I would also want him to clarify for us what the cost benefit analysis of exporting 80 megawatts to Namibia is. I know there is a contractual obligation but if the Minister can explain to us what is the benefit to the nation which made us to enter into that contract when we do not have enough power for our own purposes and even if the time when that contract was entered into, we probably did not have capacity to satisfy our own demand. More importantly, I would want to get some clarification as to the modalities regarding the replacement of electric geysers by solar geysers because I recall that the Permanent Secretary at one point in time, had indicated that the geysers were going to be banned, and he threatened that it was going to be as soon as this week. So the Minister can enlighten us as to how Government intends to replace those electric geysers with solar geysers? Is there going to be compensation for members of the public? Also if the Minister can also tell us if there is any truth to reports that His Excellency, the President has suggested that industries should operate at night? I do not know how that would work out. The Minister can clarify as to whether that is Government policy for industries to work at night. Those are the issues that I would want the Minister to clarify.


DEVELOPMENT (DR. UNDENGE): Thank you Mr. Speaker.  I

already have six questions which have been asked by Hon. Gonese.  Let me take them one at a time.  I welcome questions on energy.  As I said earlier on in my statement that energy is critical to the success of the other ZIM ASSET goals.  Let me correct one point.  We got aware of this issue that the water levels are dropping at Kariba through the Zambezi River Authority.  We were quite aware of that as long back as April because in April that is when the water levels start rising.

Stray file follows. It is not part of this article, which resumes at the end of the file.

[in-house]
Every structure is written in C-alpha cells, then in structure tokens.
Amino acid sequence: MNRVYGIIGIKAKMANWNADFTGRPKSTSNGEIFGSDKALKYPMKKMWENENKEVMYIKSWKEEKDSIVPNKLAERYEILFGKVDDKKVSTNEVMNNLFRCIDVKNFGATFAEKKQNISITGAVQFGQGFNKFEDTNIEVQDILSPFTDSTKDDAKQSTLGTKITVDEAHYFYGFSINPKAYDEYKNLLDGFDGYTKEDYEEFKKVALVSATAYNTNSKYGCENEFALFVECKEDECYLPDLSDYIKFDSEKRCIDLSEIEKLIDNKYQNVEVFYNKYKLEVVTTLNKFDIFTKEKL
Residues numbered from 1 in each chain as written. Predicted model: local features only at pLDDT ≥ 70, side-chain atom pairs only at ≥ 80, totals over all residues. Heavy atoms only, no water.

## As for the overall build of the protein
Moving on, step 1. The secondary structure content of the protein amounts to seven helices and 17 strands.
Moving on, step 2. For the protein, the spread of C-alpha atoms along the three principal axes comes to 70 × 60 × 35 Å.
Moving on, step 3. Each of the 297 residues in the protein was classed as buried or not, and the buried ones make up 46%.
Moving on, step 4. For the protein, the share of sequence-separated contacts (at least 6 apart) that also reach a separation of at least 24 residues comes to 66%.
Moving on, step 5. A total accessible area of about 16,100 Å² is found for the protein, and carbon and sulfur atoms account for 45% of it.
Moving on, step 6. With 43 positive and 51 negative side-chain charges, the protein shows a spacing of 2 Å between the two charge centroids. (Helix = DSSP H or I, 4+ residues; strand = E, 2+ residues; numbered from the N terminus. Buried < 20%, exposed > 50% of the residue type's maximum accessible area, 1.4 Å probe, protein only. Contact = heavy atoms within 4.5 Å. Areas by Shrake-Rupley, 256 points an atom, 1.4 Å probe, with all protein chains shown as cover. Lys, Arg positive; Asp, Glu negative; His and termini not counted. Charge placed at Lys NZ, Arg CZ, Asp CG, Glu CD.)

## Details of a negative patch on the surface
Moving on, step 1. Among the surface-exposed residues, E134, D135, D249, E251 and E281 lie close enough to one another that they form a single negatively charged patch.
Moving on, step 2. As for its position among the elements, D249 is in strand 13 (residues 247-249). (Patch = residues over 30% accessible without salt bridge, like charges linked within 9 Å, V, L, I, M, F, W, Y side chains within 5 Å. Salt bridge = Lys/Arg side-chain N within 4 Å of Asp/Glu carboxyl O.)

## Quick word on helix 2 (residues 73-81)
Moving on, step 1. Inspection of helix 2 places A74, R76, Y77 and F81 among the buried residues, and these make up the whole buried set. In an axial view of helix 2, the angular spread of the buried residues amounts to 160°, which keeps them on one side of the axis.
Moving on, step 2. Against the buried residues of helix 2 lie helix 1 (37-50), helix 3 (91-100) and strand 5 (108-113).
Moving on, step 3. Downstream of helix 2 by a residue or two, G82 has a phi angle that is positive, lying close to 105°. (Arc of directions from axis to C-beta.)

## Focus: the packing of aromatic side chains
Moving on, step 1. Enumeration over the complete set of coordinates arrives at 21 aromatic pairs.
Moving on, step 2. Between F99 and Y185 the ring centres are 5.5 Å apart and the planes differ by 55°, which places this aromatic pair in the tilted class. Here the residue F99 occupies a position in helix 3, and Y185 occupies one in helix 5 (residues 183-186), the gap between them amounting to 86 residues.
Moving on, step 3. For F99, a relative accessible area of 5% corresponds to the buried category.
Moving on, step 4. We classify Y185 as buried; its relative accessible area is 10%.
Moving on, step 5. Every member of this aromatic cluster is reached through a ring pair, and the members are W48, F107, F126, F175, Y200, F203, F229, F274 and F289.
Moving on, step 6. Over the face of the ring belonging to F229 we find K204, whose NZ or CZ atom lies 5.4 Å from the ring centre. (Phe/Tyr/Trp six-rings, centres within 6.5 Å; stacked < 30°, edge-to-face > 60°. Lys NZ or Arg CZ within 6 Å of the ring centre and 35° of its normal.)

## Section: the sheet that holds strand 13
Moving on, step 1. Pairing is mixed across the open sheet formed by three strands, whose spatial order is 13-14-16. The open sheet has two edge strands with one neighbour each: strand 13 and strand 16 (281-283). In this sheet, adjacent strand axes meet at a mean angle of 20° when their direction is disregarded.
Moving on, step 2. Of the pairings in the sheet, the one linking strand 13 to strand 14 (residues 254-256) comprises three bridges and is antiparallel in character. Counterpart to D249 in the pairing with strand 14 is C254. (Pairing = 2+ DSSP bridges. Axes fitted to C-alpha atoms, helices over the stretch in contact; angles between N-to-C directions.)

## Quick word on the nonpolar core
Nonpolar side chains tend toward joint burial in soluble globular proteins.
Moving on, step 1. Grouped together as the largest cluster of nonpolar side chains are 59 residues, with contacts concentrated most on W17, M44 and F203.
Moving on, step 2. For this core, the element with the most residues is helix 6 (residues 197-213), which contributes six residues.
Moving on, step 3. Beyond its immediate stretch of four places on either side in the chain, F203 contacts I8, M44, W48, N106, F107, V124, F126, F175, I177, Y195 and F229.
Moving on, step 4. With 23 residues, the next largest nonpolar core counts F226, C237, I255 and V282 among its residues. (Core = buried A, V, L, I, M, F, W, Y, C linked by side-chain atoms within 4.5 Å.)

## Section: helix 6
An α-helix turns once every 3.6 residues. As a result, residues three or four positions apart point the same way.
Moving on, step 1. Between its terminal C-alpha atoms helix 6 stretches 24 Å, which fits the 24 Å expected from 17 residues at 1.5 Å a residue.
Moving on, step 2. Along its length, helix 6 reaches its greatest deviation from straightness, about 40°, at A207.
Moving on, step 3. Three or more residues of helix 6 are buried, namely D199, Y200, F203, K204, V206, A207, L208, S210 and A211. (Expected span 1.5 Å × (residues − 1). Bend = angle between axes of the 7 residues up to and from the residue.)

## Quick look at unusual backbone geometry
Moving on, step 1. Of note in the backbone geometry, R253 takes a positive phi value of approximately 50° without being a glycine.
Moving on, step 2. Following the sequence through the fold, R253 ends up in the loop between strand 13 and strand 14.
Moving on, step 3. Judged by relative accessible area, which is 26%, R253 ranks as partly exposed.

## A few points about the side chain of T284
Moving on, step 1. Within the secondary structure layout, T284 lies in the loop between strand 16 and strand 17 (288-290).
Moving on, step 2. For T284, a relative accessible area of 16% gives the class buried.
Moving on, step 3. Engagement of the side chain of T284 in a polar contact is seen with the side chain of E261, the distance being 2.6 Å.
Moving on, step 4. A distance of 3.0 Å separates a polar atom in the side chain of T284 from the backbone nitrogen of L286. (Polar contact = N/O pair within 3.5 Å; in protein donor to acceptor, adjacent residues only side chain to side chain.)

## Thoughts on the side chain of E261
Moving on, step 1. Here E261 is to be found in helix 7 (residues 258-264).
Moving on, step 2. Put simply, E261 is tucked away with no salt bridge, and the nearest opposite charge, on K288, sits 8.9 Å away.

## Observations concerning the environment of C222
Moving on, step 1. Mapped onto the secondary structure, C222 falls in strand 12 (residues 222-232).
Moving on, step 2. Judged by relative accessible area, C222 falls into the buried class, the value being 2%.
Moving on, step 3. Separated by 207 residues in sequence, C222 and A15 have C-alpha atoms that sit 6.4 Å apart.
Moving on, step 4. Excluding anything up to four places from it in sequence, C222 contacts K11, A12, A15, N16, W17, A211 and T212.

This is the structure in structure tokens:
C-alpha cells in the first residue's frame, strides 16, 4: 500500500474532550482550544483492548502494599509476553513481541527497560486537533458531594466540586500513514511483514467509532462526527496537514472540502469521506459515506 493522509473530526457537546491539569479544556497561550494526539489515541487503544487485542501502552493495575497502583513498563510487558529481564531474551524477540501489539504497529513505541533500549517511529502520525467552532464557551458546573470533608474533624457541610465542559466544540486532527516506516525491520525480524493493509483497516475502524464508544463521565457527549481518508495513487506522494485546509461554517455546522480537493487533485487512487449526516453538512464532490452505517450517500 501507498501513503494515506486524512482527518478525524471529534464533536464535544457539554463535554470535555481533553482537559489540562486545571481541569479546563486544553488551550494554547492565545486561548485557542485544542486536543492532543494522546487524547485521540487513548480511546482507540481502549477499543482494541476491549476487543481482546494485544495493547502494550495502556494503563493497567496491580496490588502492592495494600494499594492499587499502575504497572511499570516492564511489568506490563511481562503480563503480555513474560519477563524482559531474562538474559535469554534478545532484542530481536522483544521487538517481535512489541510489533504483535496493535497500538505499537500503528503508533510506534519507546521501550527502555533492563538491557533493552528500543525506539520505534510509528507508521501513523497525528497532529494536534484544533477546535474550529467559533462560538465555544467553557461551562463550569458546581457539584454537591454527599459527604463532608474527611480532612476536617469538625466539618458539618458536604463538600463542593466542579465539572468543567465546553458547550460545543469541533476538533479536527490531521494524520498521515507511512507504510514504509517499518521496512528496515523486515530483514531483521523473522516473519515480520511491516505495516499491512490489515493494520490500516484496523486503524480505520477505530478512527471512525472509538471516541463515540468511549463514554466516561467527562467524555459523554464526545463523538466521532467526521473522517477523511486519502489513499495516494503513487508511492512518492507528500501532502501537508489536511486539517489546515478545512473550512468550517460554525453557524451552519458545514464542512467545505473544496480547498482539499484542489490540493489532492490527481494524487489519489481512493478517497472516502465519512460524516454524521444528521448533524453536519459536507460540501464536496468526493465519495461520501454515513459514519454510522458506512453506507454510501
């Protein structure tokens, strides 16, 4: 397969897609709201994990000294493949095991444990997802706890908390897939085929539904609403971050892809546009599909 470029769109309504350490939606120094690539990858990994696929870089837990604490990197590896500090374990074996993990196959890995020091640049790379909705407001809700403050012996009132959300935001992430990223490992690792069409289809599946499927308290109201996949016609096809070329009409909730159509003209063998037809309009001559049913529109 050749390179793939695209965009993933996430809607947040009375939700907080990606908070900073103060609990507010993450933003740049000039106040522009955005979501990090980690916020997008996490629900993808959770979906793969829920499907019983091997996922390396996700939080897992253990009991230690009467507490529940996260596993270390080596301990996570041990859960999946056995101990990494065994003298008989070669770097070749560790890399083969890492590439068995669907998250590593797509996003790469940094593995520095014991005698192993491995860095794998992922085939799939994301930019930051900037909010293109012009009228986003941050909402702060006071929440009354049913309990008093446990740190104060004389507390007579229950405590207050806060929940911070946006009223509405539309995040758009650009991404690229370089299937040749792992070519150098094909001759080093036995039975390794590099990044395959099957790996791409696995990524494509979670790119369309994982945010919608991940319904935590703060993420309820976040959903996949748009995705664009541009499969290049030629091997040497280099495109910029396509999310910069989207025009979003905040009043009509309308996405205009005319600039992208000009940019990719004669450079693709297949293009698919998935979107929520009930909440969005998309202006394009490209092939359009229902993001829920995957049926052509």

Mr. Speaker Sir, when I was appointed end of December because I have been there I think for about nine months now, we sat down and took a conscious decision.  We said that let us allow our people to have enough power in winter because winter is the period when we need electricity most – [AN HON. MEMBER:  What for?] – for irrigation and for heating our homes.  So, we agreed with the Zimbabwe River Authority to scale up production only in winter; then after winter to scale downward.  That was the plan and I was expecting hon. members to commend me for the steady supply of power in winter – [HON. MEMBERS: Hear, hear] - having done that, we are now in this period and we have taken these measures so that we continue to have a steady supply of power.  After we implement these measures, the cumulative effect is to reduce load shedding to four to five hours compared to where it had gone to.  These are immediate measures which we have embarked upon – [AN HON. MEMBER: Do you have the capacity?] – Mr. Speaker Sir, I am here to announce what we are doing and our team will work flat out and the results will be noticeable.  The reply to the hon. member’s question is to wait and see.